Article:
The Republic of Indonesia has a presidential system, with the President being the head of state and head of government. Since World War II, Indonesia's history has been turbulent, with challenges posed by natural disasters, corruption, separatism, a democratization process, and periods of rapid economic change.
Indonesia consists of hundreds of distinct native ethnic and linguistic groups. A shared identity has developed, defined by a national language, ethnic diversity and religious pluralism within a majority Muslim population. Despite its large population and densely populated regions, Indonesia has vast areas of wilderness and abundant natural resources. It has numerous active volcanoes and experiences frequent earthquakes. Indonesia is the largest economy in Southeast Asia, yet poverty remains widespread.
The government funds programmes to promote the health and welfare of women and children. Increasing numbers of women work in the field of national development, in organzations that focus and act on women's issues and concerns. Women are participating in higher education and some are becoming leaders in government agencies, as scholars, architects, doctors and engineers.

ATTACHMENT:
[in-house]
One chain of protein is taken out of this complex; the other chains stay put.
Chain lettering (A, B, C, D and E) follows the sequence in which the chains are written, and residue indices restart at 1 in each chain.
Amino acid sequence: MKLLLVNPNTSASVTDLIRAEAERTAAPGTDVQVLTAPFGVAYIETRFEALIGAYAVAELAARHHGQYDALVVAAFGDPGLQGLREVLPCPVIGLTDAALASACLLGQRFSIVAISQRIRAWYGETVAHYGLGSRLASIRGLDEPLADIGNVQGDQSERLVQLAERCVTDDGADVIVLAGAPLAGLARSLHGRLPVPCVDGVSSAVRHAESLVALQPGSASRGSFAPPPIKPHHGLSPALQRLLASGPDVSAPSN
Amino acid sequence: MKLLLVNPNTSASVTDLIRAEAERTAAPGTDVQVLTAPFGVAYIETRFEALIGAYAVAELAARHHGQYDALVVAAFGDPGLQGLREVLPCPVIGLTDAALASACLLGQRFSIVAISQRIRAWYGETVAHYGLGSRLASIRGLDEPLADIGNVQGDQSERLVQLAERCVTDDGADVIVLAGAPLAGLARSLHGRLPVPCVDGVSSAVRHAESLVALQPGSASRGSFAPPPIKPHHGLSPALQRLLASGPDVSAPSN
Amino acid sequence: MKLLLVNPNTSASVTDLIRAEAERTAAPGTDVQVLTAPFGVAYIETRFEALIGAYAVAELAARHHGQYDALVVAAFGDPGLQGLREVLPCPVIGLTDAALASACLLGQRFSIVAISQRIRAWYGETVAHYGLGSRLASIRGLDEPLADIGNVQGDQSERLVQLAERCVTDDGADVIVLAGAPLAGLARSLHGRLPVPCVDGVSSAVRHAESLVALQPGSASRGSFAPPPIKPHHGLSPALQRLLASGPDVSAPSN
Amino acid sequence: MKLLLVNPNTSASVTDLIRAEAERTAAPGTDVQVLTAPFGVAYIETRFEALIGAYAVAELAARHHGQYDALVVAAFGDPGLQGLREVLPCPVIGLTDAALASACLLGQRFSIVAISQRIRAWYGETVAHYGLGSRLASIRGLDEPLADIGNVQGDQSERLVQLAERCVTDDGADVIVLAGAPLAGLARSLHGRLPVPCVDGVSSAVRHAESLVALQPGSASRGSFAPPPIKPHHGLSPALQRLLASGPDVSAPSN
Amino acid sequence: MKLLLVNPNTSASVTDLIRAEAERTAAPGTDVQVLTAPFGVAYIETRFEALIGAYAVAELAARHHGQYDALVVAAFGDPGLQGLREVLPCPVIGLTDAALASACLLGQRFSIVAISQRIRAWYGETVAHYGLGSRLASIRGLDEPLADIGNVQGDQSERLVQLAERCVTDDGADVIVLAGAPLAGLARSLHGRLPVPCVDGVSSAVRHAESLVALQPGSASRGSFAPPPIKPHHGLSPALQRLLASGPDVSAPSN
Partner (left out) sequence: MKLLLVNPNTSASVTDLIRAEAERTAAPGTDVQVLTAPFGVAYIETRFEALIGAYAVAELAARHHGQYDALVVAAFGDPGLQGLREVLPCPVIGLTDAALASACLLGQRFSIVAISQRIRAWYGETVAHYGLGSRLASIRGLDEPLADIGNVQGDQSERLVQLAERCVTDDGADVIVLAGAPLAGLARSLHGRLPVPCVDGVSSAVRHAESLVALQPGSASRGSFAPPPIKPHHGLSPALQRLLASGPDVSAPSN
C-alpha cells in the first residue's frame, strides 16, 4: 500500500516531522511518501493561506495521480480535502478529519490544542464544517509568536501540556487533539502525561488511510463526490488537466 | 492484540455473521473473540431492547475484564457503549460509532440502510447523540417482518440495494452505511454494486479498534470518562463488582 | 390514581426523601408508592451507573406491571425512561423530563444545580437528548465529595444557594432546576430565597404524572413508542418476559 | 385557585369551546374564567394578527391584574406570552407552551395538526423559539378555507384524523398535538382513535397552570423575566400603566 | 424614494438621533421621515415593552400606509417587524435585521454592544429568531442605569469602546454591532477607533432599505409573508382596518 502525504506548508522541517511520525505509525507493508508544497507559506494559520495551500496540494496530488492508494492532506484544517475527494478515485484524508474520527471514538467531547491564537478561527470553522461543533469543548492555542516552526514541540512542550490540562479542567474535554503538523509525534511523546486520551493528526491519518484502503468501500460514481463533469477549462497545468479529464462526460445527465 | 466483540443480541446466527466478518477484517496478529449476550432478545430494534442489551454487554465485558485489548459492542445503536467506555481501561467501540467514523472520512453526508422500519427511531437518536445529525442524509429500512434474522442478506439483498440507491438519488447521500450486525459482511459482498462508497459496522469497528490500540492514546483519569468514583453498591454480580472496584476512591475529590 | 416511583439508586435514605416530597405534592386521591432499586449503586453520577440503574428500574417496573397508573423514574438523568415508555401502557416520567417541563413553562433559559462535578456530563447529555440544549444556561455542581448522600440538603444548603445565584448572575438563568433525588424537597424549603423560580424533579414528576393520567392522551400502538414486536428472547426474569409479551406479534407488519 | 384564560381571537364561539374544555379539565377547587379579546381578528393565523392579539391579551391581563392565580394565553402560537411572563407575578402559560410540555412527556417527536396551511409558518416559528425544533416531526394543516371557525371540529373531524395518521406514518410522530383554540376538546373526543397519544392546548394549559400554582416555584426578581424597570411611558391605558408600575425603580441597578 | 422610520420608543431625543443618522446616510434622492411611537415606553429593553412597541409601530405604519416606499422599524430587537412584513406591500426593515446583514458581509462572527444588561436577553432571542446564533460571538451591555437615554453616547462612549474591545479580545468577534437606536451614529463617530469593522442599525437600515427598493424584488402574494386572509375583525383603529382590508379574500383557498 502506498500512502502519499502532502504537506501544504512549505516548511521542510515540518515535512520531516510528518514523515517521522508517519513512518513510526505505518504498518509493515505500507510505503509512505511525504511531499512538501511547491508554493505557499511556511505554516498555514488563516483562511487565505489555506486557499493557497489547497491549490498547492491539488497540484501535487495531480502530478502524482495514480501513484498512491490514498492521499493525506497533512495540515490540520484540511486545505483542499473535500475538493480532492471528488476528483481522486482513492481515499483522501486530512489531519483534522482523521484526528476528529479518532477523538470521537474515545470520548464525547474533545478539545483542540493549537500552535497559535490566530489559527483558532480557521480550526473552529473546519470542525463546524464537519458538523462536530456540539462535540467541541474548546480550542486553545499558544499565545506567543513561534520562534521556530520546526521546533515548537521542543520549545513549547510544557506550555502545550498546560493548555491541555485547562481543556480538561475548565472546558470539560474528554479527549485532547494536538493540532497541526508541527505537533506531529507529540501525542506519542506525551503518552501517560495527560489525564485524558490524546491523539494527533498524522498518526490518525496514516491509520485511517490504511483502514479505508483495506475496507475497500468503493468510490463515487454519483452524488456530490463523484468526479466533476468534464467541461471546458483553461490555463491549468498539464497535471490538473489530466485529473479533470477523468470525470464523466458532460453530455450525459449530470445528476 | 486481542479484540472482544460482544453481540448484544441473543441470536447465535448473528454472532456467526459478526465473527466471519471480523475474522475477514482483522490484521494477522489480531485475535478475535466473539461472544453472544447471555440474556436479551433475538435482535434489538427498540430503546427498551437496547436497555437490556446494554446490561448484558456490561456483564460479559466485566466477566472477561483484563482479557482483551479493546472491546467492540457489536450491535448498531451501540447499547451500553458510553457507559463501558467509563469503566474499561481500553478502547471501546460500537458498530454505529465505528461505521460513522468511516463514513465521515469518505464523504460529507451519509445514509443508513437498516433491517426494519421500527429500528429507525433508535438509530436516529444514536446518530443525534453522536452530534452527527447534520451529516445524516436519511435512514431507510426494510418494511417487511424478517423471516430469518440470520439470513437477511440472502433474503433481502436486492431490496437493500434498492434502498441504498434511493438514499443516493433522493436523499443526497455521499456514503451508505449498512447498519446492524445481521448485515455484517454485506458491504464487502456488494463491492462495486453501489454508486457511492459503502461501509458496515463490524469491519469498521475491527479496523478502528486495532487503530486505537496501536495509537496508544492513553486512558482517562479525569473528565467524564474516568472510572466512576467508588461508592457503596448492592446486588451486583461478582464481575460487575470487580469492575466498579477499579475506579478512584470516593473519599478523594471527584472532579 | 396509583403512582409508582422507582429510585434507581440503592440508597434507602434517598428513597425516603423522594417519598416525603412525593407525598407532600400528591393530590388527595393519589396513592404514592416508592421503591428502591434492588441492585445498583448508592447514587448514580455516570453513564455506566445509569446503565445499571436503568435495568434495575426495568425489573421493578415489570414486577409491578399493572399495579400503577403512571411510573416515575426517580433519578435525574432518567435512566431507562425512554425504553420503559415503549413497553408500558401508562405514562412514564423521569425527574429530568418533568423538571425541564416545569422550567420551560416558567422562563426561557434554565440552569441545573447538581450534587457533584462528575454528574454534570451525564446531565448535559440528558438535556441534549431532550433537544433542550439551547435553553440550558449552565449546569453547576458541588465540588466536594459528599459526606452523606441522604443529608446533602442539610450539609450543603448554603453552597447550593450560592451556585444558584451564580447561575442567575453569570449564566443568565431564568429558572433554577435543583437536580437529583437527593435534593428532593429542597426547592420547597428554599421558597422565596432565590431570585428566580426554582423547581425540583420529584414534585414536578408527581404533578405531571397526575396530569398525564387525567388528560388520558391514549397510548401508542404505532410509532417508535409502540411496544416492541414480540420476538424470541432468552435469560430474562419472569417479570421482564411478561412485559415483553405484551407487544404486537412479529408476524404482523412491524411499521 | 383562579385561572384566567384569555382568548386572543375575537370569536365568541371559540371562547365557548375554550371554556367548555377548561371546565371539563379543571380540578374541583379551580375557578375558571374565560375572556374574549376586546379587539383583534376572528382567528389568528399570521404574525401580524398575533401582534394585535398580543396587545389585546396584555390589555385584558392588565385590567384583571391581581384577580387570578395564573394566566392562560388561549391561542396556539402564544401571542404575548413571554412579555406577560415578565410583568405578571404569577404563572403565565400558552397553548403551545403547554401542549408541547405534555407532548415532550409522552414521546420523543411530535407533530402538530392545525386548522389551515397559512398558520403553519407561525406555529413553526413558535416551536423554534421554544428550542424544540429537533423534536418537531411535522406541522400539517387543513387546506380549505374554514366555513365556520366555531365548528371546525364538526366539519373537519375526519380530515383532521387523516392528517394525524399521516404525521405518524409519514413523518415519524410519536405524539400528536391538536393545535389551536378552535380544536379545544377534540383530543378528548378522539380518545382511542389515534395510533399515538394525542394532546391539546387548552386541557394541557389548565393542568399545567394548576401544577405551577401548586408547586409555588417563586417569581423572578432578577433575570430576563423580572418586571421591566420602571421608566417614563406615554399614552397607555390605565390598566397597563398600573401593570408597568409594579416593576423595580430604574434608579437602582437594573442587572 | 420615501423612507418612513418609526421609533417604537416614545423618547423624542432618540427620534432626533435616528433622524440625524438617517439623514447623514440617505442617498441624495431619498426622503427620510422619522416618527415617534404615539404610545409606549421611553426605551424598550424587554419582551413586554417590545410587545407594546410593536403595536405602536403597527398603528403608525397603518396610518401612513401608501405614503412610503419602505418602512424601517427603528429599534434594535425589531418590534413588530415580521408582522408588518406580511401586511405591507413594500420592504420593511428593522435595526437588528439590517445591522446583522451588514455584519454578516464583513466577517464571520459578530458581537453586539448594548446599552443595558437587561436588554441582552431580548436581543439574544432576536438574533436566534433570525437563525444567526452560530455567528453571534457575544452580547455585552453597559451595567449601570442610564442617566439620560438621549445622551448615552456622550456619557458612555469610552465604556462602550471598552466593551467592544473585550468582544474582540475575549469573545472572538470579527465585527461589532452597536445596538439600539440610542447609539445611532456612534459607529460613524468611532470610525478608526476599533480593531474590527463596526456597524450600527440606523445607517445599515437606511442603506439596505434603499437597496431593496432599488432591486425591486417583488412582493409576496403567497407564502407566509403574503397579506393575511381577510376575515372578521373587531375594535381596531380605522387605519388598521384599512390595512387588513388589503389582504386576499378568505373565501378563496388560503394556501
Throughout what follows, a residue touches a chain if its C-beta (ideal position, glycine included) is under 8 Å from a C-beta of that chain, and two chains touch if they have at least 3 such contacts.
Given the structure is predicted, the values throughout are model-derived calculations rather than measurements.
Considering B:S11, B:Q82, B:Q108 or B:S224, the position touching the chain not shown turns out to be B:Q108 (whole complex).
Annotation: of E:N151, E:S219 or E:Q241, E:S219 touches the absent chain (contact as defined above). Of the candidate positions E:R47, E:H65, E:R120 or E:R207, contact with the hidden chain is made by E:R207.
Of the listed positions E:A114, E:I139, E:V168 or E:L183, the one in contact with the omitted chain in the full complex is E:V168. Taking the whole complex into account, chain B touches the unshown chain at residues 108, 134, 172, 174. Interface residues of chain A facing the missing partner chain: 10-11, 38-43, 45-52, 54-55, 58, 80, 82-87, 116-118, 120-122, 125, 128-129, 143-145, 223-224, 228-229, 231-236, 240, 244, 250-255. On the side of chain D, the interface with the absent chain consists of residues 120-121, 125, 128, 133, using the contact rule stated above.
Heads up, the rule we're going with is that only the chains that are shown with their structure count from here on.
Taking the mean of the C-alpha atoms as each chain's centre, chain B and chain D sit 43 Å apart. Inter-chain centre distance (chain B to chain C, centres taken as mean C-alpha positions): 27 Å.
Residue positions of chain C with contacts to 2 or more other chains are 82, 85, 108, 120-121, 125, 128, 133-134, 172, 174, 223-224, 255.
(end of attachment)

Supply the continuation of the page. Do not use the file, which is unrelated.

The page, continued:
In 1926 the Sisters of the Good Shepherd in the Netherlands received an invitation from Monsignor Van Velsen in Batavia (Jakarta) to open houses in Indonesia. After gaining the necessary authorisations from the Congregation and the Vatican, in 1927 six sisters left Leiderdorp, Netherlands for Jakarta. The Ursuline Sisters met them after the long sea voyage, and they lived with these sisters for about two months. Then they moved into rented accommodation and began their work with women and girls. In the following year, 1928, three more sisters arrived in Indonesia from Netherlands.
Today the ministry of the sisters includes:
Good Shepherd Services for Women and Children (GSSWC Indonesia).
Anti-Trafficking Programmes in East NusaTenggara.
Empowerment Programmes, Prevention of Trafficking in Marau, Kalimantan.
Rural ministry in Flores.